This may seem like a stereotype but it is undeniable that Jews are over-represented to in business. Jewish people currently make up 0.2% of the world’s population, yet if we look at Forbe’s 20 richest people in the world, 6 of them are of Jewish descent; Larry Elison, Mark Zuckerberg, Michael Bloomberg, Larry Page, Sergey Brin and Steve Ballmer. The discrepancy here is too significant to ignore.
Anti-Semitism has existed in Europe and the Middle East for a very long time. Historically, under many kingdoms Jewish people were not allowed to own land, thus were forced to be merchants. Combine that with a lack of a “homeland” until recently, they were forced to immigrate and created a tight-knit community that helped each-other both financially and otherwise.
Focus on education
The Jewish religious texts like the Torah, Talmud and Tanakh focus highly on education and a traditional Jewish rite of passage is to spend several hours a day studying the religious texts. Jews are also the most educated religious group in the world, with an average of 13.4 years of education per person and most of them going to higher education.
Being rich is not considered evil
Unlike Christianity, where the bible criticizes hording wealth and borders upon calling it a sin, Jewish religious texts mention it as a virtue. Especially, the idea that opening a business is considered a highly noble thing to do but only if you run the business ethically; treat people kindly and save enough to educate the next generation.
To ensure performing at 100%, it is necessary to rejuvenate. Although several religions have a concept of taking a day in the week off, the Jewish faith takes it further and forbids any work to be done during Shabbat (rest day in the Jewish week). It is even forbidden to talk about money or business on this day. While living in Munich and following a similar pattern (although for Sundays), I have become accustomed to it. Instead of feeling guilty for not working on Sundays now I take it easy and rest well, ready to go on full throttle on Monday.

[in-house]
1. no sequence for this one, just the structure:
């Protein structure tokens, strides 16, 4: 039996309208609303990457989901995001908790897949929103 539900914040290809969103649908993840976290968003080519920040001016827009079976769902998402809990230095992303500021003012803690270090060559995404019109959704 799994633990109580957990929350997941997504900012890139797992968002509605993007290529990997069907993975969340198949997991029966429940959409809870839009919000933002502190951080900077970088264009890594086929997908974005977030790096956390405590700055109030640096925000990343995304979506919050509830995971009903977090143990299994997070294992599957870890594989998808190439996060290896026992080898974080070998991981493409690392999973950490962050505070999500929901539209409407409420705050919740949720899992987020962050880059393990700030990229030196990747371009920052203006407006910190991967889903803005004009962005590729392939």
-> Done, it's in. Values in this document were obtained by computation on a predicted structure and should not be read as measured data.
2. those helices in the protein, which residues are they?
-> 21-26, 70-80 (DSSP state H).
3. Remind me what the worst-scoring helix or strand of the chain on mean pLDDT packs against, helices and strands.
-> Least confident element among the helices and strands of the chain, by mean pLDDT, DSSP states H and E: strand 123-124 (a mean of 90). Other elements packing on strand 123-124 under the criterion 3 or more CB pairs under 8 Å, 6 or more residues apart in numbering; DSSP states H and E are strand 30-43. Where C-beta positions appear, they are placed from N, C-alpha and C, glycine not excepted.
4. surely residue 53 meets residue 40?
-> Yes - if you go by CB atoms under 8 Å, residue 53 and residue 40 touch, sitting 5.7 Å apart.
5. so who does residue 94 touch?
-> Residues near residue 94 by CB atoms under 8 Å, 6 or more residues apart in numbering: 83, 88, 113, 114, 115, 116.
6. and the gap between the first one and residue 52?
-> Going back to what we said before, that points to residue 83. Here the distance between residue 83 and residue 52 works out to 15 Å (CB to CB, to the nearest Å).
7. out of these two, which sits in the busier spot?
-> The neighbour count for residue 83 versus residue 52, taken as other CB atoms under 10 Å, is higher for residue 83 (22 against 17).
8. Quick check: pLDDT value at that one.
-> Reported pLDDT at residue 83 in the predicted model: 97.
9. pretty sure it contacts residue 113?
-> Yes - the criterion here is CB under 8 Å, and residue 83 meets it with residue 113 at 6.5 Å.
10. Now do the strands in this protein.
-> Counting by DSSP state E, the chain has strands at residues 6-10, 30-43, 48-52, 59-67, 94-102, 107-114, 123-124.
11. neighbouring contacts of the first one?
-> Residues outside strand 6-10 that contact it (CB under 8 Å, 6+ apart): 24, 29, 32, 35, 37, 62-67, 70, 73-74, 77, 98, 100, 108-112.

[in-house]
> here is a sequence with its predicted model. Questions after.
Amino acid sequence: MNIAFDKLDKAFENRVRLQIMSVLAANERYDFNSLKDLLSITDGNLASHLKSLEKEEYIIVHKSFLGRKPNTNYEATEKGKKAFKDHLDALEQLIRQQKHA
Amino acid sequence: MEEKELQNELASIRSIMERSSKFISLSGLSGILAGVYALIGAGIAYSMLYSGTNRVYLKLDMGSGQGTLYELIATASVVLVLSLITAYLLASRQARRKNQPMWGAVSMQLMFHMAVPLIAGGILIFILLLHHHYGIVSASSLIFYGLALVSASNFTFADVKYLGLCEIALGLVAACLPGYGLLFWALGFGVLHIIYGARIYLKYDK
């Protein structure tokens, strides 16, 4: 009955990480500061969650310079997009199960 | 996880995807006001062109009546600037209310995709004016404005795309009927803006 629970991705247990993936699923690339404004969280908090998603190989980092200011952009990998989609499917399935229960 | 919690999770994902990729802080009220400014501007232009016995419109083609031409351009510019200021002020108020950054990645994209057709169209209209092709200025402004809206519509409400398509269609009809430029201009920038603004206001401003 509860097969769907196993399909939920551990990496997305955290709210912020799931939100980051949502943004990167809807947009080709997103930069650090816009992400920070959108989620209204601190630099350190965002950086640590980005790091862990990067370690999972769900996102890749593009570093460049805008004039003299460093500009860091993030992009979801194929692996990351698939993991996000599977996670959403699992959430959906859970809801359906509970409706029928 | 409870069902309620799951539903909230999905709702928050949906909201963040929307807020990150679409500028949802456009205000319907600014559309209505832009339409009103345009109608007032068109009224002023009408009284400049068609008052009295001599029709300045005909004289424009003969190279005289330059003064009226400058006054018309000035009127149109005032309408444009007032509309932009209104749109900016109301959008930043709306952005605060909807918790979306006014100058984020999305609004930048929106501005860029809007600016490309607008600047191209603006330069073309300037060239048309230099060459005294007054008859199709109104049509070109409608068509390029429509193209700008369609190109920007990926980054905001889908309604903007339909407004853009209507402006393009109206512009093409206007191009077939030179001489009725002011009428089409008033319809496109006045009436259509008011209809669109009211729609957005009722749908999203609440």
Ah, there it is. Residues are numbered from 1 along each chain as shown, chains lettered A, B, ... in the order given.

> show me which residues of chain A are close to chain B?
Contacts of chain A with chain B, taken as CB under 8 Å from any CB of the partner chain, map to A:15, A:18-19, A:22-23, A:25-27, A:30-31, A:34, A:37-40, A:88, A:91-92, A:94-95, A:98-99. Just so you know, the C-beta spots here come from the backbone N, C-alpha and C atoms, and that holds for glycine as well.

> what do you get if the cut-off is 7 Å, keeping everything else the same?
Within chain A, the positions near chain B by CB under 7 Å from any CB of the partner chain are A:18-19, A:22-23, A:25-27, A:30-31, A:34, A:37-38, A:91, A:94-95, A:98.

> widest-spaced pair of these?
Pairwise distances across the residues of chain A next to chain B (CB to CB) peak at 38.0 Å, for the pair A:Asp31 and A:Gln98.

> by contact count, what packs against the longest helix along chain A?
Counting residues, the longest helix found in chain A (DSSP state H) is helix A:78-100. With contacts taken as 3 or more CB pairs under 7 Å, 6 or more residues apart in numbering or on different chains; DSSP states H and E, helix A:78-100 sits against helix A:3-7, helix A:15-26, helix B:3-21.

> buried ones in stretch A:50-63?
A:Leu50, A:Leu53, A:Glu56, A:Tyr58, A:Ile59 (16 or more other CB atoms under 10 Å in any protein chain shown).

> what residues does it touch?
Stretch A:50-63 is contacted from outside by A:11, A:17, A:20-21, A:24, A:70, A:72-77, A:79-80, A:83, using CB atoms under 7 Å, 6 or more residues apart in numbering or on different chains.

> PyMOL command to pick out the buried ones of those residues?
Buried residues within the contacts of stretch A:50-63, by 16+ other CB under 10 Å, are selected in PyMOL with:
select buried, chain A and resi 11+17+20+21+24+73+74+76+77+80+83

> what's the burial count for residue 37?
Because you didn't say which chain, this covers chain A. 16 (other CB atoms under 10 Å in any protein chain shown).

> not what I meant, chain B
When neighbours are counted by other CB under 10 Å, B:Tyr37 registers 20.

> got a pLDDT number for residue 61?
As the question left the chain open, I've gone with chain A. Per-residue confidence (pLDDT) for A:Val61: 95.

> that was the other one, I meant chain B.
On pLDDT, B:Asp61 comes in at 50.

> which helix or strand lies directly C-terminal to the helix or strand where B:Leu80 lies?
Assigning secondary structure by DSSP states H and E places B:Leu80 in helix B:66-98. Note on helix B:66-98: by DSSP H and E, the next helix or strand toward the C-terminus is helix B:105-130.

“For you are a holy people to Yahweh your God, and God has chosen you to be his treasured people from all the nations that are on the face of the earth.”
- Deuteronomy 14:12
Living for a purpose
Famous ex-Navy SEAL, ultra-marathon runner, triathlete, author and motivational speaker David Goggins, mentions several times in his book, that it is vital to believe that you are on this Earth for a purpose. This helps you stay motivated, and visualize the positivity that the future holds for you. Although Goggins talks about this on an individual level, the Jewish faith takes it further and believes that they are chosen by God to be in a covenant with God.
While in majority of Western cultures, “Rock stars” or “Pro-athletes” have been considered the epitome of glory that can be achieved by humans, in Jewish culture, the focus has always been on entrepreneurs and businessmen. This disparity still exists today such that Jews are over-represented in finance and business and under-represented in professional sports.
While it would be impractical for many of us to start practicing the Jewish faith and lifestyle (not to mention that it would be highly selfish to switch to a faith simply to gain from it’s community), we all can learn from example. Adopting certain practices from Judaism can help us all become better, richer and more generous versions of ourselves and help us on our journey to FIRE!